“Since our first vacation. 2009. Europe. And that’s what I did and you were ecstatic about that three-week European tour. Eurail. Four countries.”
“Wow, you’re right. Germany, Italy, France, and Austria. That was hectic. But we were young then. Can’t believe that was almost ten years ago.”
Kate grasped my hand and held it tight. “You should have told me to slow down, throw away the itinerary, and go where the Spirit leads. I would have liked that, too.”
I kissed her hand and rubbed it on my cheek. “Why don’t we do that, Kate?”
She withdrew her hand to make a left turn. “All these constructions and detours—“
“It’s confusing the GPS.” She flicked it off. “There. Shut up. I can read the road signs without you telling me.”
The app flashed on and her words stared at me. ‘I can read the road signs without you telling me.’
Could it be that the words I speak or spoken to me were clues? Encrypted. Decoded. Responded to Algorithm. The app operated on real time.
The dream. Writer.
The iPhone screen went black and then lit up. “It’s working now.”
“Go ahead. Read it,” Kate said.
“Welcome to the REM Protocol,” a female voice spoke, reminding me of AI simulations in sci-fi movies. “We dream everyday. Some dreams are superficial. At the level of our consciousness.
Some dreams are buried in temporary amnesia. Traumatized by memories. At the level of the subconscious.
Some dreams haunt us until we unearth it. Written in our hearts by Divine Hands. At the level of the unconscious.
The app captures what you may not. You capture what the app cannot. Together, we work to patch up the pieces and decode the dream encrypted in your design.
Designed by Divine Hands.
Congratulations on taking this step towards your dream. Your destiny,” the voice ended.
“Kate, it’s back in the homepage.”
“What? You must have missed something. It took me hours to complete my navigational instructions.”
I tapped the home menu button. “Yup, that’s it. It has the journal tab, word for the day tab, stored memories tab, write your dream tab.”
“What about FAQ tab?”
“Where do I find that?”
“Just below all those tabs you mentioned.”
“Nope. That’s all I got.”
“Weird.” She signaled right, entered the hotel complex, and parked by the entrance. “Praise God for the empty spot.” She unbuckled and took the phone from my hand. “Let’s see.” After a couple of finger taps, she frowned. “You’re right.”
“Told you. You won’t believe me.”
She shoved back the phone to me and looked at her apple watch. “You activated my app. It recorded your last words.”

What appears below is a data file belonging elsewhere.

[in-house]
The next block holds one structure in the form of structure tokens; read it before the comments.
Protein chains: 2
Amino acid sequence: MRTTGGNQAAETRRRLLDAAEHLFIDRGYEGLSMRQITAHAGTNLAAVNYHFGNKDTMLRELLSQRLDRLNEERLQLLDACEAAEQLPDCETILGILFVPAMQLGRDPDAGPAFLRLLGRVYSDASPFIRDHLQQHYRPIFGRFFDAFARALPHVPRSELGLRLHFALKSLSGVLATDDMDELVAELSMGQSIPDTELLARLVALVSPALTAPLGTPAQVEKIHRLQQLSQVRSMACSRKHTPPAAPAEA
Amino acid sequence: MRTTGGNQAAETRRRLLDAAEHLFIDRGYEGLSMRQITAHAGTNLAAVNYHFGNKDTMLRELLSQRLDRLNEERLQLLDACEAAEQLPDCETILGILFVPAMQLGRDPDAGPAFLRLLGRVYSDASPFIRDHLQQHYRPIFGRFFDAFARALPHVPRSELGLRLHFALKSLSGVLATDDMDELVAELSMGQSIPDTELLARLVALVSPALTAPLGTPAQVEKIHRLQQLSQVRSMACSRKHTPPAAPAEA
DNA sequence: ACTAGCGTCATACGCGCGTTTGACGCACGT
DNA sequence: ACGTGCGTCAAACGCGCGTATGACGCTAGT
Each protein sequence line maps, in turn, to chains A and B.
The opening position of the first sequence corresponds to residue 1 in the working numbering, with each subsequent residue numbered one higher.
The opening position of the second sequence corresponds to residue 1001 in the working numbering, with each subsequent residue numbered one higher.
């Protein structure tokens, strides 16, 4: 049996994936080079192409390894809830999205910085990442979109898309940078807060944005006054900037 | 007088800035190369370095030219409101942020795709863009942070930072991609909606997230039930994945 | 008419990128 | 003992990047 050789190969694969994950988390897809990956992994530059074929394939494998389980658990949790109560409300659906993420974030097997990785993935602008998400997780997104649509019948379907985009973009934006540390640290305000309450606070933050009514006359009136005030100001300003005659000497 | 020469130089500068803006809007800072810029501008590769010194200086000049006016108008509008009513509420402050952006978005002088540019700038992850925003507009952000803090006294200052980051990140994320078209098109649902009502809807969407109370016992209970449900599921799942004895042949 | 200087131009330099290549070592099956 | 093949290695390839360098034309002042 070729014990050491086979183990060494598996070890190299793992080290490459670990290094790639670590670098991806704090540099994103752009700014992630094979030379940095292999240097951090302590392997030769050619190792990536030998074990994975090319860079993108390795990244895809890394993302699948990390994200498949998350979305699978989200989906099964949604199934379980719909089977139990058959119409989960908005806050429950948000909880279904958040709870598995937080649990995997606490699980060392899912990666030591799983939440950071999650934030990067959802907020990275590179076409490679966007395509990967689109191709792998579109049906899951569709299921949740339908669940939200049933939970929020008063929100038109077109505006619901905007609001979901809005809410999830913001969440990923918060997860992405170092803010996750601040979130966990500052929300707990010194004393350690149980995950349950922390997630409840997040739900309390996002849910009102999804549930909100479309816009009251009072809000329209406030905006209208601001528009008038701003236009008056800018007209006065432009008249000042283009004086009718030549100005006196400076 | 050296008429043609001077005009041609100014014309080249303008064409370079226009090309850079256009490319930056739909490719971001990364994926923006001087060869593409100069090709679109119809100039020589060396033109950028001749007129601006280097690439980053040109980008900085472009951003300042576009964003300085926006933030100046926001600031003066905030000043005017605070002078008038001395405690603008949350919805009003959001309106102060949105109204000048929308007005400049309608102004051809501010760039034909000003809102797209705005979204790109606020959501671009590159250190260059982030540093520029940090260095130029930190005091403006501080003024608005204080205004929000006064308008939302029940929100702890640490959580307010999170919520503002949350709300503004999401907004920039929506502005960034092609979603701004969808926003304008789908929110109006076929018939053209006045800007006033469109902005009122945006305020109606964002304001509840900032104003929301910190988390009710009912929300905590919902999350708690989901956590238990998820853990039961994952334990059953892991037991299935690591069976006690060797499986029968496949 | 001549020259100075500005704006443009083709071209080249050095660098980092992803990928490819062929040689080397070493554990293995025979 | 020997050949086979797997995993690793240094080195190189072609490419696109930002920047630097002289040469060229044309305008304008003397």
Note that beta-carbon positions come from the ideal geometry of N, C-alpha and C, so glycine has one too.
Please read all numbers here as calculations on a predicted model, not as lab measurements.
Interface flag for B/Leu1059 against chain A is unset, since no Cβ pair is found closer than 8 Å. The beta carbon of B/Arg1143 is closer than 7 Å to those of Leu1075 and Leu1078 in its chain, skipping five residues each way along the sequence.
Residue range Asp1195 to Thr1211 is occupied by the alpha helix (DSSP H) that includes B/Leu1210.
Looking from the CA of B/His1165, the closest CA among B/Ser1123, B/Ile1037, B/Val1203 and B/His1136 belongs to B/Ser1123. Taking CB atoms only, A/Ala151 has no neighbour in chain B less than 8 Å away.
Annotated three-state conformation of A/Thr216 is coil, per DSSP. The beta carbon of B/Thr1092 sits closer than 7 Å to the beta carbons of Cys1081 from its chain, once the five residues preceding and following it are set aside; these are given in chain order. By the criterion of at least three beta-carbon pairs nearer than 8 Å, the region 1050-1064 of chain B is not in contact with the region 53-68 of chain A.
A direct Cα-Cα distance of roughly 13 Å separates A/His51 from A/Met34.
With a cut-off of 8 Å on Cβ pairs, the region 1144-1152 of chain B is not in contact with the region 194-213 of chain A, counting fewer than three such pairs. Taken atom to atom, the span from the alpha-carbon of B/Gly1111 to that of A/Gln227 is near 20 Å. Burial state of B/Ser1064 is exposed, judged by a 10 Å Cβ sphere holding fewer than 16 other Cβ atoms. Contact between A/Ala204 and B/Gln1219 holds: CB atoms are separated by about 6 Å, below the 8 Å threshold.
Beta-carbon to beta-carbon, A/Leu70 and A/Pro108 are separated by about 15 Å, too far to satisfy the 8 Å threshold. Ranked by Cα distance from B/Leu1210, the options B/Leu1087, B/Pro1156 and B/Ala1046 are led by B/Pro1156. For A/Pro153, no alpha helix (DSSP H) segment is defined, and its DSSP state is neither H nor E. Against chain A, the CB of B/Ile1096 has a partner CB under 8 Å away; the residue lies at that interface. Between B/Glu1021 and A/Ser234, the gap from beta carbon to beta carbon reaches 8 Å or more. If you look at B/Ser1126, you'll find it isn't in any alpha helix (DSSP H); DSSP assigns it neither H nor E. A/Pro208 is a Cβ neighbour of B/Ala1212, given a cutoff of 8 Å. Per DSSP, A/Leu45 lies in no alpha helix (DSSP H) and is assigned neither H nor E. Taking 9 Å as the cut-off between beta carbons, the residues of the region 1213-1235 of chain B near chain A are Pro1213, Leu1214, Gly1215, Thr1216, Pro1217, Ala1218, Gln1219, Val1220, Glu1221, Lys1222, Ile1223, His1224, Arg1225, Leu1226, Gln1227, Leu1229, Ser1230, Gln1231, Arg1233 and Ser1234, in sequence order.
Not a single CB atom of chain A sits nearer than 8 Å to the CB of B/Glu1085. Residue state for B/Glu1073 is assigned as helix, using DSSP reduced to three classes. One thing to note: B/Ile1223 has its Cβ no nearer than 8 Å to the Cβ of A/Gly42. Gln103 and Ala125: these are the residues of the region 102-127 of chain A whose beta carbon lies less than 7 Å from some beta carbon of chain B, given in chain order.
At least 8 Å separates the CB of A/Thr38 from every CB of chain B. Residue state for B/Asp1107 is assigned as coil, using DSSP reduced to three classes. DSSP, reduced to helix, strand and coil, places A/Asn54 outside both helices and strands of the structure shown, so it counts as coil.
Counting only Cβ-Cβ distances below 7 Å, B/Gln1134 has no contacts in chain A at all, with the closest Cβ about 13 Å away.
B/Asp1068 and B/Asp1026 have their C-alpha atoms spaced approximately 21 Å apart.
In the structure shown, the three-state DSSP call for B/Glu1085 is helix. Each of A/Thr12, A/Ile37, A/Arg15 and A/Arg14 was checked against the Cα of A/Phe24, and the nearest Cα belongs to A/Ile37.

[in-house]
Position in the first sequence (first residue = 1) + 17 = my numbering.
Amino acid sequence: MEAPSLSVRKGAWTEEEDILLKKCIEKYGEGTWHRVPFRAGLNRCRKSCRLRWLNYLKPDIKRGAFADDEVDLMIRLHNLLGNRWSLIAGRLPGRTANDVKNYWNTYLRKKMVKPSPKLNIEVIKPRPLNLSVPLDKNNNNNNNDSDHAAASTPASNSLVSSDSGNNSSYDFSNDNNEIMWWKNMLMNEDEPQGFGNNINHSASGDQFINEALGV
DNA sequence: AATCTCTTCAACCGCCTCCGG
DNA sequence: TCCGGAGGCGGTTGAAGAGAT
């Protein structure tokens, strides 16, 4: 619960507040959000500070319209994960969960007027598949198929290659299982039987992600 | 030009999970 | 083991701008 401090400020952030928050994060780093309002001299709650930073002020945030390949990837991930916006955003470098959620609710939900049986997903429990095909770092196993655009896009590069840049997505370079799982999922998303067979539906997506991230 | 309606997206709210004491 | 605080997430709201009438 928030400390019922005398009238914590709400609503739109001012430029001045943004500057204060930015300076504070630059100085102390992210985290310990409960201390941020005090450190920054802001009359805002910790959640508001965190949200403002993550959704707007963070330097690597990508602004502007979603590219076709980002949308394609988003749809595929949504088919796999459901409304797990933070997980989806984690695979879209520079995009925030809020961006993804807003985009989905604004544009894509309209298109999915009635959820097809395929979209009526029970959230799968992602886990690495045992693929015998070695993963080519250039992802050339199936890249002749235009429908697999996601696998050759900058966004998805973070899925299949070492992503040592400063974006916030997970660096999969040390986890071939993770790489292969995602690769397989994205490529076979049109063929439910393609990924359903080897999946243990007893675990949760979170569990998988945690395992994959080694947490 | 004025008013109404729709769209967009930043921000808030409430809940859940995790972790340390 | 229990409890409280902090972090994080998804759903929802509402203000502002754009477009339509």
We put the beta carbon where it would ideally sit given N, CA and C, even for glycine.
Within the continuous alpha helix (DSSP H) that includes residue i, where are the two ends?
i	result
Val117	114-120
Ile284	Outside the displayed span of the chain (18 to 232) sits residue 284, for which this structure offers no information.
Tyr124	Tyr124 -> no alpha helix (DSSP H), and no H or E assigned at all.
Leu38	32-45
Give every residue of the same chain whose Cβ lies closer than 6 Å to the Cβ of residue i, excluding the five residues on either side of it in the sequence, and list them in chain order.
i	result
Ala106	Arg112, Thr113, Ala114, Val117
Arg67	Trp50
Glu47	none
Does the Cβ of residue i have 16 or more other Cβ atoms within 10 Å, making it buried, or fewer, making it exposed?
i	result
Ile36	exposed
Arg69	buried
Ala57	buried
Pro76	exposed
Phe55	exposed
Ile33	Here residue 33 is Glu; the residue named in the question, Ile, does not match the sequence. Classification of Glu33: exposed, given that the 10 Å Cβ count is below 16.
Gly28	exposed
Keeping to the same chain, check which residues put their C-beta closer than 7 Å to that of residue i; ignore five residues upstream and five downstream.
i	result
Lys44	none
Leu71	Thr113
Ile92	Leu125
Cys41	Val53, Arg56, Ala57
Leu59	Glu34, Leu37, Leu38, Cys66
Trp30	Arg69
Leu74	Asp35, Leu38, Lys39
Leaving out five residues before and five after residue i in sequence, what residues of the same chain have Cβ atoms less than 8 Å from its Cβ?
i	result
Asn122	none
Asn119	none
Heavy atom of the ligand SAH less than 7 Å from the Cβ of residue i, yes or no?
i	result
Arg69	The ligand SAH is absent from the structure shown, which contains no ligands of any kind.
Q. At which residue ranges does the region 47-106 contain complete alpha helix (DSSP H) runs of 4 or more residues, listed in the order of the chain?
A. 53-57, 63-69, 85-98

“You have the app?”
Kate looked like a girl caught with her hands in the cookie jar. But only for a minute. “I said I was familiar with it, didn’t I?”
“You could have told me up front. So were you recruited too? Who recruited you? Why didn’t you tell me?” Then it dawned on me. “It was Sam!”
“You know now.” She shrugged and looked at her watch again. “I’m not answering any more questions that are not related to technical aspects of the app.” She hopped off the car and headed to the entrance of the hotel, her hands pointed to the car and locked it.
That was unlike Kate, secretive. What was she up to this time?
I hurried after her. “So the app syncs to your watch? I can do that?” Best to pry it gently out of her.
“Isn’t that neat? Just tap settings and sync.”
I tapped on the menu. “There’s none.”
She grabbed my phone again. After a couple of taps, the lines around her mouth deepened. “Your app seems to have the basic buttons only. Mine is more complicated.” She handed back my phone and opened hers. “Here, look.”
The home button alone had ten tabs and each tab had five subtabs. The settings button had several options.
“It’s too complicated for me. I like mine better.” I gave it back to her. “I don’t have the time to read all those instructions.”
She put a finger under her chin. “Hmmm, just like the Ikea cabinets. I’m the one who reads the manual and could not build one without it, no matter how many times I’ve built the same cabinet. You’re more intuitive. Sometimes, you can build one even without reading the instructions, once you’ve performed the procedure. Maybe that’s how the app works. It’s adaptive to your brain.”
“How can it do that? My brain does not have bluetooth,” I said.
“Remember the prototype activators? The one that sizzled the hair on your arms? At the Hermit’s Rest?”
“What about it?”
“It’s a form of nanobiotechnology.”
“You mean Tony implanted me with nanobots in my brain without my consent?”
What else did that guy do? And why did Kate knew so much about this technology?
“The prototype activators won’t work unless you have the app,” she said. “It’s programmed to biologically degrade on your skin unless activated. And the app won’t work unless you consented to it?”
“Well, I did not.”
“Uh, hello,” she said with raised brows. ”Didn’t you read the terms and conditions at the opening page and hit agree? So technically, he did get your consent.”
“I—-uh. I did?”
“And you’re the genius. What happened to your memory?” she said.
“My brain seems to have been whacked by the encounter with Tony.”
“Anyway. Let’s go. Need to pack up, check out, head to Sky Walk, then Hoover Dam, then…”
“Can’t we not hurry? National Geographic, remember? Slow down our pace. Go with the Spirit.”
“Oh, right.” She hugged me and clasped my hand. “I hope the kids are awake.”
When we opened the room, both were still on bed.
“Girls, wake up!” She flipped the blankets off the two. “Argh. I should have called.” She turned and saw the open suitcases with clothes in disarray. “And you’re not even packed.”